North Carolina's natural beauty and Blue Ridge Parkway were the highlights of the 210-mile test ride. Tight, 3/4 turns through the forests of the Smoky Mountains would be a joy on a smaller motorcycle, but shifting 679 top-heavy lbs. around the mountain was exhausting. An un-cruiser-like 1 150/80 front tire and 1 170/80 rear with that big fork-mounted fairing made for very top-heavy, unforgiving handling, and perceptible wobble as I wound out the gears.
BMW claims wind tunnel testing refined the smoothly layered fairing and lowers, but engine heat was uncomfortable before the day reached its high in the mid-nineties. All that chrome splashed over the heads and pipes holds a few extra degrees, besides looking so cool. The R1200CL is a luxurious getaway vehicle, but not one I'd use to rob a bank. A taller and more powerfully built rider [than I, at 5' with 3 inseam] who does not require warp speed would find this motorcycle more accommodating.
The details are haute BMW. The R12CL's tail and directional lights are stylishly small, yet brightly visible on bikes far up the road. The headlights, however, seemed weak through the under-lit tunnels of the Blue Ridge Parkway. Even when I could peer over my sunglasses, I'd slow down to about 40 mph till the opening was in sight.
The speedo, tachometer and clock are easy-to-read white-on-gray analog faces. Odometer, trip meter, and radio display are digital, with compact, not miniature, thumb controls. Signals are self-canceling after turns and most lane changes, but require a third button to manually kill. Two accessory outlets are within easy reach, if you can find clean pavement when it's cold enough to need it, that fairing provided a lot of coverage. The side stand is easy to find, as well as attractively chromed. Cast aluminum wheels complement the distinct look and Metzler Marathon tires handled rain superbly, the entire test group agreed.
The luggage also proved very waterproof, bag liners are optional, and recommended. The top box holds one helmet and jacket, but not two helmets. The CD player is space-efficiently mounted under the top edge of one saddle bag. The top box is removable, leaving a rack with a winged profile to which you can mount the optional backrest.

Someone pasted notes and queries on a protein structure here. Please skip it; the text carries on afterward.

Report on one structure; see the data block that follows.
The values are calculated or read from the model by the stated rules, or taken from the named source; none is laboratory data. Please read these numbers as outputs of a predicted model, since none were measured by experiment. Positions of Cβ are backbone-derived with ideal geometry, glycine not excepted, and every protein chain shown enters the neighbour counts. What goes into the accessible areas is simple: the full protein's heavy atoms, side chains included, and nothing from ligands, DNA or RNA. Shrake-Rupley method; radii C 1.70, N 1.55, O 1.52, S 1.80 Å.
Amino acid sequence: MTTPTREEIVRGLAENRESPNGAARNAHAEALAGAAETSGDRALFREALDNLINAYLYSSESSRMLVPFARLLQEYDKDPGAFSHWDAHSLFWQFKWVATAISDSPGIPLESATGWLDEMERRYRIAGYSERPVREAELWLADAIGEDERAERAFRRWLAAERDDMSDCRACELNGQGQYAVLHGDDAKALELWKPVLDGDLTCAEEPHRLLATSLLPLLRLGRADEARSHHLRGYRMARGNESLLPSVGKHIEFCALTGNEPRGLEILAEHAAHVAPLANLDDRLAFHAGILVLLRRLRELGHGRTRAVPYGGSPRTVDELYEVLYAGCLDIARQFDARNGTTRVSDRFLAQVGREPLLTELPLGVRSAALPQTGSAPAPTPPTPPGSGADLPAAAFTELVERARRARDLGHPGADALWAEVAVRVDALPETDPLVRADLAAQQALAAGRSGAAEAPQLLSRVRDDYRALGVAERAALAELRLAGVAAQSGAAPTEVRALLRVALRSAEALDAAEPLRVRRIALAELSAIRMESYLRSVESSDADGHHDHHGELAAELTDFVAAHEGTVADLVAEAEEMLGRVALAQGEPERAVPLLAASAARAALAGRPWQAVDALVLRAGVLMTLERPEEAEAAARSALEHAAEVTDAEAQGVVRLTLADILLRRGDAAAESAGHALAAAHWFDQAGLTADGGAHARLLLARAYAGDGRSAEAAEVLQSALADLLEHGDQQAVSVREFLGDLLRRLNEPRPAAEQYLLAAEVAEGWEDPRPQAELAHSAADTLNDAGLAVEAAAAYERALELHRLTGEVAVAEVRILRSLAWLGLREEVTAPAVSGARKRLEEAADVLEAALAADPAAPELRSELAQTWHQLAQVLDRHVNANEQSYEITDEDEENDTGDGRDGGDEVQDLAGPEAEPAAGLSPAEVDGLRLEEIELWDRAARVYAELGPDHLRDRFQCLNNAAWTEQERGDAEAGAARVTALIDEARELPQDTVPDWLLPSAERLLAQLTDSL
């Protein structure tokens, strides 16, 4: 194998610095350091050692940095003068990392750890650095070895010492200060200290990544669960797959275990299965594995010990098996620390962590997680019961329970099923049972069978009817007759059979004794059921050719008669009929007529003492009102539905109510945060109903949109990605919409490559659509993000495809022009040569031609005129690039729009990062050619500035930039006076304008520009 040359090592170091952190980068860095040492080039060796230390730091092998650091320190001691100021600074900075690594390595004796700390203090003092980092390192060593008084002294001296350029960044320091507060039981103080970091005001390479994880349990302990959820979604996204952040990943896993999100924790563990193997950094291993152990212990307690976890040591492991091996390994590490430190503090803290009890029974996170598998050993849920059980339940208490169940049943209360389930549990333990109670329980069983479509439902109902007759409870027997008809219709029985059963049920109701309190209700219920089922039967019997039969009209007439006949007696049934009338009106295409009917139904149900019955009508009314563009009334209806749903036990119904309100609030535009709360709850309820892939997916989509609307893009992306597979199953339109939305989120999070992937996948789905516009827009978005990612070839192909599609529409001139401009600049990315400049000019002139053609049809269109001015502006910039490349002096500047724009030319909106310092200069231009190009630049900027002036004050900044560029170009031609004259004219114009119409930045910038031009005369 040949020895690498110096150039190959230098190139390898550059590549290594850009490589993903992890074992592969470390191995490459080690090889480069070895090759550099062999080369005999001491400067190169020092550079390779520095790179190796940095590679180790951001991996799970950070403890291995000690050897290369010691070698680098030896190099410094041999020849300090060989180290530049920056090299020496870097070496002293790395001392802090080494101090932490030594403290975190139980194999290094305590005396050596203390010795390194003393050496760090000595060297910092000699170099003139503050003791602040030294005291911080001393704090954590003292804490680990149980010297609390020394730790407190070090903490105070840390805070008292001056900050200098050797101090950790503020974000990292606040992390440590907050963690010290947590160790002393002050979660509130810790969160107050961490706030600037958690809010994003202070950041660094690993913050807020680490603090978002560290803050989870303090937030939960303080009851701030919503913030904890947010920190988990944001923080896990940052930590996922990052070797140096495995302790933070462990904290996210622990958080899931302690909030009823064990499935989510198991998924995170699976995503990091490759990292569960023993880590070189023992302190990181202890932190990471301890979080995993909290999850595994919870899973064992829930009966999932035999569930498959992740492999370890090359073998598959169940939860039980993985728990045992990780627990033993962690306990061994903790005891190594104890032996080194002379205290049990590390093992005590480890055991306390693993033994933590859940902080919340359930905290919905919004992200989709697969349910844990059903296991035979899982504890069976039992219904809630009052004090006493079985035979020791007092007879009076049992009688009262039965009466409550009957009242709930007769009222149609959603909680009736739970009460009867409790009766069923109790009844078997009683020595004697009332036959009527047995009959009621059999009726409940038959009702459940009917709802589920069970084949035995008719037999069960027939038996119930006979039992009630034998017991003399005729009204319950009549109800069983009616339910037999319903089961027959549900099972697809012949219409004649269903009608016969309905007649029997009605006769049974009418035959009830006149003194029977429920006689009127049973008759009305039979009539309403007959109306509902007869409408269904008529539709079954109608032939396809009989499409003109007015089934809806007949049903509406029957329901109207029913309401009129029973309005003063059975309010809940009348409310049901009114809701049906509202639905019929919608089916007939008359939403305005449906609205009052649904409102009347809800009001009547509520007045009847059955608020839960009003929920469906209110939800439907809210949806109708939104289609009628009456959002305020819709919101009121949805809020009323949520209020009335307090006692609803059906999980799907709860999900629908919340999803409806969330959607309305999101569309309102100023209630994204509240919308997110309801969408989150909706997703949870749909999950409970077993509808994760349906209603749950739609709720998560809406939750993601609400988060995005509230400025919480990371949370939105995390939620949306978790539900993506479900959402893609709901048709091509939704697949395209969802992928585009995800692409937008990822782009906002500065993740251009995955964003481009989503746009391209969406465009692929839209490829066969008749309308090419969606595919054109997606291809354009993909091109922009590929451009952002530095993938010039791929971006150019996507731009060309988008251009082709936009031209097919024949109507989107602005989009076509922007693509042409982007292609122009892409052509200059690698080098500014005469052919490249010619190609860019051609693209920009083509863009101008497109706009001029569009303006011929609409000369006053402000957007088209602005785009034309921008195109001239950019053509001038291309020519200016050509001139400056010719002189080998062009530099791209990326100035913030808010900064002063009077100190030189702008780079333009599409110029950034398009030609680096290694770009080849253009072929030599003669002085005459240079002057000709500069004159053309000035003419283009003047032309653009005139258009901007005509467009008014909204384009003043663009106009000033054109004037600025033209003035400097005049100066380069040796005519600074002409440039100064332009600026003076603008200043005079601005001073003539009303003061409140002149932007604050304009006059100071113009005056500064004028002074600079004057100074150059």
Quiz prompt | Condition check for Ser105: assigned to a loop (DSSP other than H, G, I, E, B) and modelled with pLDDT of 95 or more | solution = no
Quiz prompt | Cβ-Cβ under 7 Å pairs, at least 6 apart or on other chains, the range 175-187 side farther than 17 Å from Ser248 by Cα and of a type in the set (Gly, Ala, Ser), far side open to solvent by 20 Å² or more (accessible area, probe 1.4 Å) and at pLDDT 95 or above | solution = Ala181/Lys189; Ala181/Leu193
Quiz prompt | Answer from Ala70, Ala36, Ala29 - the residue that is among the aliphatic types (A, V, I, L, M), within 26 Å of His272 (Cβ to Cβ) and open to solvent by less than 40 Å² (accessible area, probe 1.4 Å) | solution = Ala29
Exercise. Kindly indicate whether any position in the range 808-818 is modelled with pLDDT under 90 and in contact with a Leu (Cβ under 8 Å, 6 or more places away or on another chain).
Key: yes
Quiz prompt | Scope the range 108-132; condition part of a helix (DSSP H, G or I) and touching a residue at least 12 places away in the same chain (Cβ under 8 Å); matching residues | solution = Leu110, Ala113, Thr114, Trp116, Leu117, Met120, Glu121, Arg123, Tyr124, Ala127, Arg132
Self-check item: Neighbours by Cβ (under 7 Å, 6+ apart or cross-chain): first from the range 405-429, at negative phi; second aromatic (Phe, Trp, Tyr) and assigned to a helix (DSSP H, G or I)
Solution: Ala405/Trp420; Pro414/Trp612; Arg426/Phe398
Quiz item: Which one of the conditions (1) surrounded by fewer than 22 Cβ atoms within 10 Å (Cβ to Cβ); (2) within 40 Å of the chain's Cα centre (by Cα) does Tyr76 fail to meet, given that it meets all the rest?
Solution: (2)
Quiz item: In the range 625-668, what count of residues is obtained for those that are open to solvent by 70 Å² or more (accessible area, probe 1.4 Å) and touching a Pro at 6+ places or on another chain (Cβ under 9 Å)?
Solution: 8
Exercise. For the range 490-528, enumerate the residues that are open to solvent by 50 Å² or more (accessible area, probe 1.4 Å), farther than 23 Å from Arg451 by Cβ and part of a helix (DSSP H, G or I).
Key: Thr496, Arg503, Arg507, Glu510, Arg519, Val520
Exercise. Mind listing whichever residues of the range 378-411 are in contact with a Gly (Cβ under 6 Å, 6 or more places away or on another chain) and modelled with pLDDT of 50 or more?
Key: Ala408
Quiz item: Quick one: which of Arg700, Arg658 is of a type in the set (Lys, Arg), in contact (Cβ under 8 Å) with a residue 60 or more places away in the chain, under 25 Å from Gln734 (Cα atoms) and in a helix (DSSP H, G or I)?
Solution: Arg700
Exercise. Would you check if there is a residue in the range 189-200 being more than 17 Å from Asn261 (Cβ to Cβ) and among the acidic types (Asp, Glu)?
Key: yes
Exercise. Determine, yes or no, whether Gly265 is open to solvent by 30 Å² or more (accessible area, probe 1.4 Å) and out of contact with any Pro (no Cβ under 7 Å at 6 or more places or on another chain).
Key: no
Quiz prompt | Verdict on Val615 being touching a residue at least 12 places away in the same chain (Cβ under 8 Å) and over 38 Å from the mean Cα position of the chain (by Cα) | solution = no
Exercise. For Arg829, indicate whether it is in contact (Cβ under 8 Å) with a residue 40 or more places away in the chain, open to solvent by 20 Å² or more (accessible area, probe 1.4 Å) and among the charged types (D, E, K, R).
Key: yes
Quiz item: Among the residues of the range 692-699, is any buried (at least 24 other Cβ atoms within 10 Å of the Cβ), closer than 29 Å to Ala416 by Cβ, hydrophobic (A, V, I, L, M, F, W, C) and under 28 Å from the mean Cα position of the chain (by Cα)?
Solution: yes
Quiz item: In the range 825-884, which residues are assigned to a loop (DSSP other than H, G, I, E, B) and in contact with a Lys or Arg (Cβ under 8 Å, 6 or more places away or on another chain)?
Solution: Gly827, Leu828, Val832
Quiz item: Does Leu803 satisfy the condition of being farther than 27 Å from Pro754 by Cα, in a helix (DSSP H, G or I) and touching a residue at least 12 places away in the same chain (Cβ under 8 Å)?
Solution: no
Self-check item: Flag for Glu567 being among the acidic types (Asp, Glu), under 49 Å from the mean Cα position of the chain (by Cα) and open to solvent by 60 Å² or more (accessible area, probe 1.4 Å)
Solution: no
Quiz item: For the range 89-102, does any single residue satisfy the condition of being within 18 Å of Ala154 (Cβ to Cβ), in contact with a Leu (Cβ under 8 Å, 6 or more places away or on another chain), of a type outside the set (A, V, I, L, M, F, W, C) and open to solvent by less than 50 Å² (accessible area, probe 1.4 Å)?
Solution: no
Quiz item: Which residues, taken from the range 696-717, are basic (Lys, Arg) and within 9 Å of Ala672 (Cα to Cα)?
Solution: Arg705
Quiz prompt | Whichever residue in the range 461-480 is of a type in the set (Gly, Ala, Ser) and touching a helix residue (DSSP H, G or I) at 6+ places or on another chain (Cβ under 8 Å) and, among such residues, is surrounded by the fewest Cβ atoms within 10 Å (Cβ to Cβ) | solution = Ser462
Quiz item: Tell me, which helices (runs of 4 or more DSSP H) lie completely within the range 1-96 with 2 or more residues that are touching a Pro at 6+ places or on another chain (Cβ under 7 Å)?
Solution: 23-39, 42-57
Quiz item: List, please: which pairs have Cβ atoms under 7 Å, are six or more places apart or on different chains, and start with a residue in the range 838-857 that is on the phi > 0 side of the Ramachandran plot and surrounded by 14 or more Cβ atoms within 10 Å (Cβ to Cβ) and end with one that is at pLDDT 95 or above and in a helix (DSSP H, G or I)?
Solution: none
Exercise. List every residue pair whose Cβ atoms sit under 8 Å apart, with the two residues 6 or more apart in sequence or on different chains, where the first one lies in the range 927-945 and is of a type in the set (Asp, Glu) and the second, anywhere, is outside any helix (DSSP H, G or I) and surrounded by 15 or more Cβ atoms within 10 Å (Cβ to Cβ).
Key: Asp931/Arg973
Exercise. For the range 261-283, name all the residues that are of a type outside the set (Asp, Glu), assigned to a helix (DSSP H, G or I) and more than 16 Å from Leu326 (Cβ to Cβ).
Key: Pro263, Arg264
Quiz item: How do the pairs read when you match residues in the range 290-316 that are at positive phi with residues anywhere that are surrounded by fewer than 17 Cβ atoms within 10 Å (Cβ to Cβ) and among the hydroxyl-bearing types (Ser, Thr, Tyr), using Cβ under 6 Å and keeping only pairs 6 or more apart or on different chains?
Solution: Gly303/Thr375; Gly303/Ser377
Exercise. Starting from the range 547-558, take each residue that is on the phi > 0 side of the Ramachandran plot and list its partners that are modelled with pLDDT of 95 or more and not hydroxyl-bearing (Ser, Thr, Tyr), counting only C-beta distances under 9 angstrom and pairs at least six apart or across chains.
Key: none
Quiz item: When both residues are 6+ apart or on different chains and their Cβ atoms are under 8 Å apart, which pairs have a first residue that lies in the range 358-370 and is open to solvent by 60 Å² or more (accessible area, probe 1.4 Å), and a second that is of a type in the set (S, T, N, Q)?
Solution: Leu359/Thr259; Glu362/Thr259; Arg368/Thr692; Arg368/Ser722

At the halfway point, learning the rest of the route would include more snaky hills of the National Forest, I opted to swap bikes for the R1200C. More familiar and comfortable on the naked cruiser with skinny tires, it took a couple of hours to miss the really plush seat of the CLC. Through the rain, the unladen, well-balanced R12C ran smoothly, and the unlinked ABS reassuringly effective. Handling was excellent, even if the postage stamp of plastic was meaningless. It leans comfortably, and though still a bit large for the tightest turns, it is a worthy highway cruiser. With the right seat and bars, it could give my FXR a run for my joy riding miles.
While this might be the best time in 30 years to sell the practical aspects of motorcyclincompact, fuel efficient transportation that parks anywhere, it is an American idiosyncrasy that bikes are recreational vehicles purchased with discretionary income. However, this ain't no cruiser, by anyone's definition, not Harley, not any of the Other Americans, or the Japanese. This is not an H-D T-sport, it's a bagger, as much bike or more than an ElectraGlide Classic. Will it spawn a new breed of loyalist? Doesn't every motorcycle? Priced at $15,990, and $16,490, it's delivers obsessive attention to detail, fitting the big picture of the discriminating few.
BMW takes each category of motorcycles and each facet of the sport to a higher level of intensity. They've adapted H-D's tug-at-the heartstrings marketing, featuring real riders. A full catalog of riding apparel and gear aspire to the toughest adventures on or off road. The slogan has changed, it's not the ultimate driving machine, it's the Ultimate Driving Experience. The R1200CL wasn't mine, but that's why they make so many different motorcycles. BMW provides a 3-year, 36,000 warrantee and 24/7 roadside assistance with all new bikes.